Keeping a close eye on weather conditions and your animals can be helpful in monitoring heat stress and taking action early, before animals are severely stressed. Be aware of changing weather conditions that are likely to make heat stress worse. The Temperature Humidity Index (THI) is a tool that combines the effects of heat and humidity into one number. At a constant temperature, THI goes up as relative humidity increases. Generally, mild heat stress is considered to begin at a THI of 72 for cattle with stress increasing to moderate levels at 79 and severe levels at 89; however, there is very little research data available that is specific to dairy calves and heifers. THI tables are available on the internet, or can be calculated using the equation: THI = dry bulb temperature + (0.36 × dew point temperature) + 41.2, with temperatures in degrees C.

Signs of heat stress include: crowding under shade or around water sources, increased water intake, reduced feed intake, panting or open-mouthed breathing, increased salivation (drooling), and increased respiration rate. According to USDA, more than 90 breaths per minute is an indication of heat stress, and respiration rates over 110 indicate a dangerous heat stress level. Body temperature is also elevated. In severe cases animals may become lethargic or lose coordination. Cattle sweat at a lower rate than humans, and it is generally not enough to remove large amounts of body heat. However, sweating and panting can lead to dehydration. Although we can’t see it, maintenance energy requirements increase in heat-stressed animals as a result of working harder to cool their bodies. This can depress weight gain, feed efficiency, and immunity.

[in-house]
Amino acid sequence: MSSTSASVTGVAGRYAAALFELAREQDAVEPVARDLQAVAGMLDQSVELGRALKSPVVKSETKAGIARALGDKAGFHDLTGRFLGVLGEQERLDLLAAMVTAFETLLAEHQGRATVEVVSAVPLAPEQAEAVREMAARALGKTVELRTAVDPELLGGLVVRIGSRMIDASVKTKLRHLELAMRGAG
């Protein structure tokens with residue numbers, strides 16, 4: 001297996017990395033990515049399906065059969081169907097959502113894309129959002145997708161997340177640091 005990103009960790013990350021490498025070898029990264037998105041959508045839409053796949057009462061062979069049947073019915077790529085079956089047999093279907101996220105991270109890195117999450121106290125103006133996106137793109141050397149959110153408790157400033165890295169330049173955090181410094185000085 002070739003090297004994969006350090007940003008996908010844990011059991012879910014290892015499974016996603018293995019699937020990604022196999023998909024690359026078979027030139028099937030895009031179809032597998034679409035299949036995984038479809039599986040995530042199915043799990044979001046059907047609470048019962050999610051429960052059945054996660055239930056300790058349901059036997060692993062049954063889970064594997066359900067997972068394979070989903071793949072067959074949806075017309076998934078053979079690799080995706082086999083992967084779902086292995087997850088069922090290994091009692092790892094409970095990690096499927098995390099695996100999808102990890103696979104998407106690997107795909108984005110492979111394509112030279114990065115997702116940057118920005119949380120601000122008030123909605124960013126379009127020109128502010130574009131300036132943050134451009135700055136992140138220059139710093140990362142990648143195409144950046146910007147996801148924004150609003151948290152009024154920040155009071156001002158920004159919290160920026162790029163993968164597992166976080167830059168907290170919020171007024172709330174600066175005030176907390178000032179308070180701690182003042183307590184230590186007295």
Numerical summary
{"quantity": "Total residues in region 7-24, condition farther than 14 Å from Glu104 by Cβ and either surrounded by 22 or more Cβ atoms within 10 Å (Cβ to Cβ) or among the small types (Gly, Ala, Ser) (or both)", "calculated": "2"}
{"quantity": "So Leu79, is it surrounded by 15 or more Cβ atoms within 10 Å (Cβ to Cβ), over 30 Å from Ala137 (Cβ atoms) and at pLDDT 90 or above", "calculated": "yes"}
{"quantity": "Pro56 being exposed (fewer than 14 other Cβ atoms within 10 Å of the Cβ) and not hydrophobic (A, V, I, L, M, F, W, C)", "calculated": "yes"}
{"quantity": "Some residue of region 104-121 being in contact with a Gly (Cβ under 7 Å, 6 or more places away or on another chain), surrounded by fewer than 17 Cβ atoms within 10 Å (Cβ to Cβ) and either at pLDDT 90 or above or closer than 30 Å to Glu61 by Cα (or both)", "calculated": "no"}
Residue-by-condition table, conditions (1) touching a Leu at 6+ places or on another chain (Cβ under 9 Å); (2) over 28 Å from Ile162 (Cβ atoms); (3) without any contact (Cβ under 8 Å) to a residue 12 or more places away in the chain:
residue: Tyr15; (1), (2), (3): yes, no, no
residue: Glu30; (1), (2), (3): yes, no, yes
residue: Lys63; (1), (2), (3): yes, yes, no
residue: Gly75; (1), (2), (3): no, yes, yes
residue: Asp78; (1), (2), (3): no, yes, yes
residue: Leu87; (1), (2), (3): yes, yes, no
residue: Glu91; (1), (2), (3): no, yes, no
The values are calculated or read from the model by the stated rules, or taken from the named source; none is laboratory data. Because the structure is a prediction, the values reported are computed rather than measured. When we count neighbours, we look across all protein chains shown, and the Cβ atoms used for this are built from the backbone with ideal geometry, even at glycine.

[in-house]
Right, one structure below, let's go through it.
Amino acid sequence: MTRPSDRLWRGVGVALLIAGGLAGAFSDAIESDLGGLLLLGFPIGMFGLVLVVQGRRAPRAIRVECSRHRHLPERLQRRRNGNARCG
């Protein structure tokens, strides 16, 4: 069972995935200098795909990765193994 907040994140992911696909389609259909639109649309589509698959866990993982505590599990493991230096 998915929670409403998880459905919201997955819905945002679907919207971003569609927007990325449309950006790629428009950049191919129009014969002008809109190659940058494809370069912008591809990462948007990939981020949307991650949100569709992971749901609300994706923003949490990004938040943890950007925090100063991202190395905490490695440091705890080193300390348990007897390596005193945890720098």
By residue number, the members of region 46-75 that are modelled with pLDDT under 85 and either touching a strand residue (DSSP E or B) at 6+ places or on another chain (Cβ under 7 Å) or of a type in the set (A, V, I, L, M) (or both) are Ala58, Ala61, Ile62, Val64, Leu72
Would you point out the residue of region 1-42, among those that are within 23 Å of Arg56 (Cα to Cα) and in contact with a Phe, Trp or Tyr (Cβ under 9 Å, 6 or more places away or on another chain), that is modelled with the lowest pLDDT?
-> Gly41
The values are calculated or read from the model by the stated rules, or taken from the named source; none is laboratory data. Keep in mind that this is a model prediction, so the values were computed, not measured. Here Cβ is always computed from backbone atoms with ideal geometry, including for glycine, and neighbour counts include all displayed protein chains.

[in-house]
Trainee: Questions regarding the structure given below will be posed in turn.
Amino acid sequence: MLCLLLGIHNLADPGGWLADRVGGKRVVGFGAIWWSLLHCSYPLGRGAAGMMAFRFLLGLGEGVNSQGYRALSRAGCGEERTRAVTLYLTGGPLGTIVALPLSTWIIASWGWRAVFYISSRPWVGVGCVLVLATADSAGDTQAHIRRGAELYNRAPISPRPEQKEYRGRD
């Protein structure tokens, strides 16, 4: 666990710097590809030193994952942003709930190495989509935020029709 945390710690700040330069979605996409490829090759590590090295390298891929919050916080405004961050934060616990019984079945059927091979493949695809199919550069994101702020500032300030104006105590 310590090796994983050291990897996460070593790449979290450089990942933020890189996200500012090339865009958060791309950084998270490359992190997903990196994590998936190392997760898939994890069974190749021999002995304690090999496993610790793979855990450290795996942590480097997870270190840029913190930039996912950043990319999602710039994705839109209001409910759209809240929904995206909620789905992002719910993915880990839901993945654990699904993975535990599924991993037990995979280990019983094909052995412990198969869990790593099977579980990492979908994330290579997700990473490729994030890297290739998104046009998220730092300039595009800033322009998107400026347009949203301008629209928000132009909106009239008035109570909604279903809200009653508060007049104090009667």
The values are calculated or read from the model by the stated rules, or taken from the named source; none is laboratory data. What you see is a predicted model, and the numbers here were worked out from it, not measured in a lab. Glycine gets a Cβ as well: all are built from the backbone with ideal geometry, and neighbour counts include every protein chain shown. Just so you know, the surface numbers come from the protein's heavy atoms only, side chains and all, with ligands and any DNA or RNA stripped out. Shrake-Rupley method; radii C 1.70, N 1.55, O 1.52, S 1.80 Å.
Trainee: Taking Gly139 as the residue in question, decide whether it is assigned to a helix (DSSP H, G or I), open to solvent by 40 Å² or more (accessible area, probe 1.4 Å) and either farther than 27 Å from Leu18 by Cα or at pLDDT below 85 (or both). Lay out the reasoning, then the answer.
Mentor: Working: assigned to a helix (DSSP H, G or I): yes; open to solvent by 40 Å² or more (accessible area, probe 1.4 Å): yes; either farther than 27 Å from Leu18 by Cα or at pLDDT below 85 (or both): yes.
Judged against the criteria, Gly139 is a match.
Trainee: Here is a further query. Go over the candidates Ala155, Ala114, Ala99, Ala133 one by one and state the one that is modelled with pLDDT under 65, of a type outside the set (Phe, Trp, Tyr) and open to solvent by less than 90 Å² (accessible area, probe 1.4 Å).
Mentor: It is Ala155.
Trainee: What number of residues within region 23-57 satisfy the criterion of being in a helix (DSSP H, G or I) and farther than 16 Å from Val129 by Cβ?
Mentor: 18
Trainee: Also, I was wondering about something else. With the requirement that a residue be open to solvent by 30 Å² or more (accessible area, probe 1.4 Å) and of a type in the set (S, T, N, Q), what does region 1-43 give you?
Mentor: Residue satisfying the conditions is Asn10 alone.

Keep in mind that some animals are at a greater risk for heat stress than others, and take extra precautions to help them cope as well as possible. Animals at higher risk include: newly weaned calves, animals that have been transported, heifers grazing endophyte-infested fescue pasture, heifers with a history of respiratory disease that may have lung damage, predominantly black heifers, springing heifers due to calve during summer months, and heifers that have been underfed or stressed by other illnesses.

Source: Dairy Calf and Heifer Association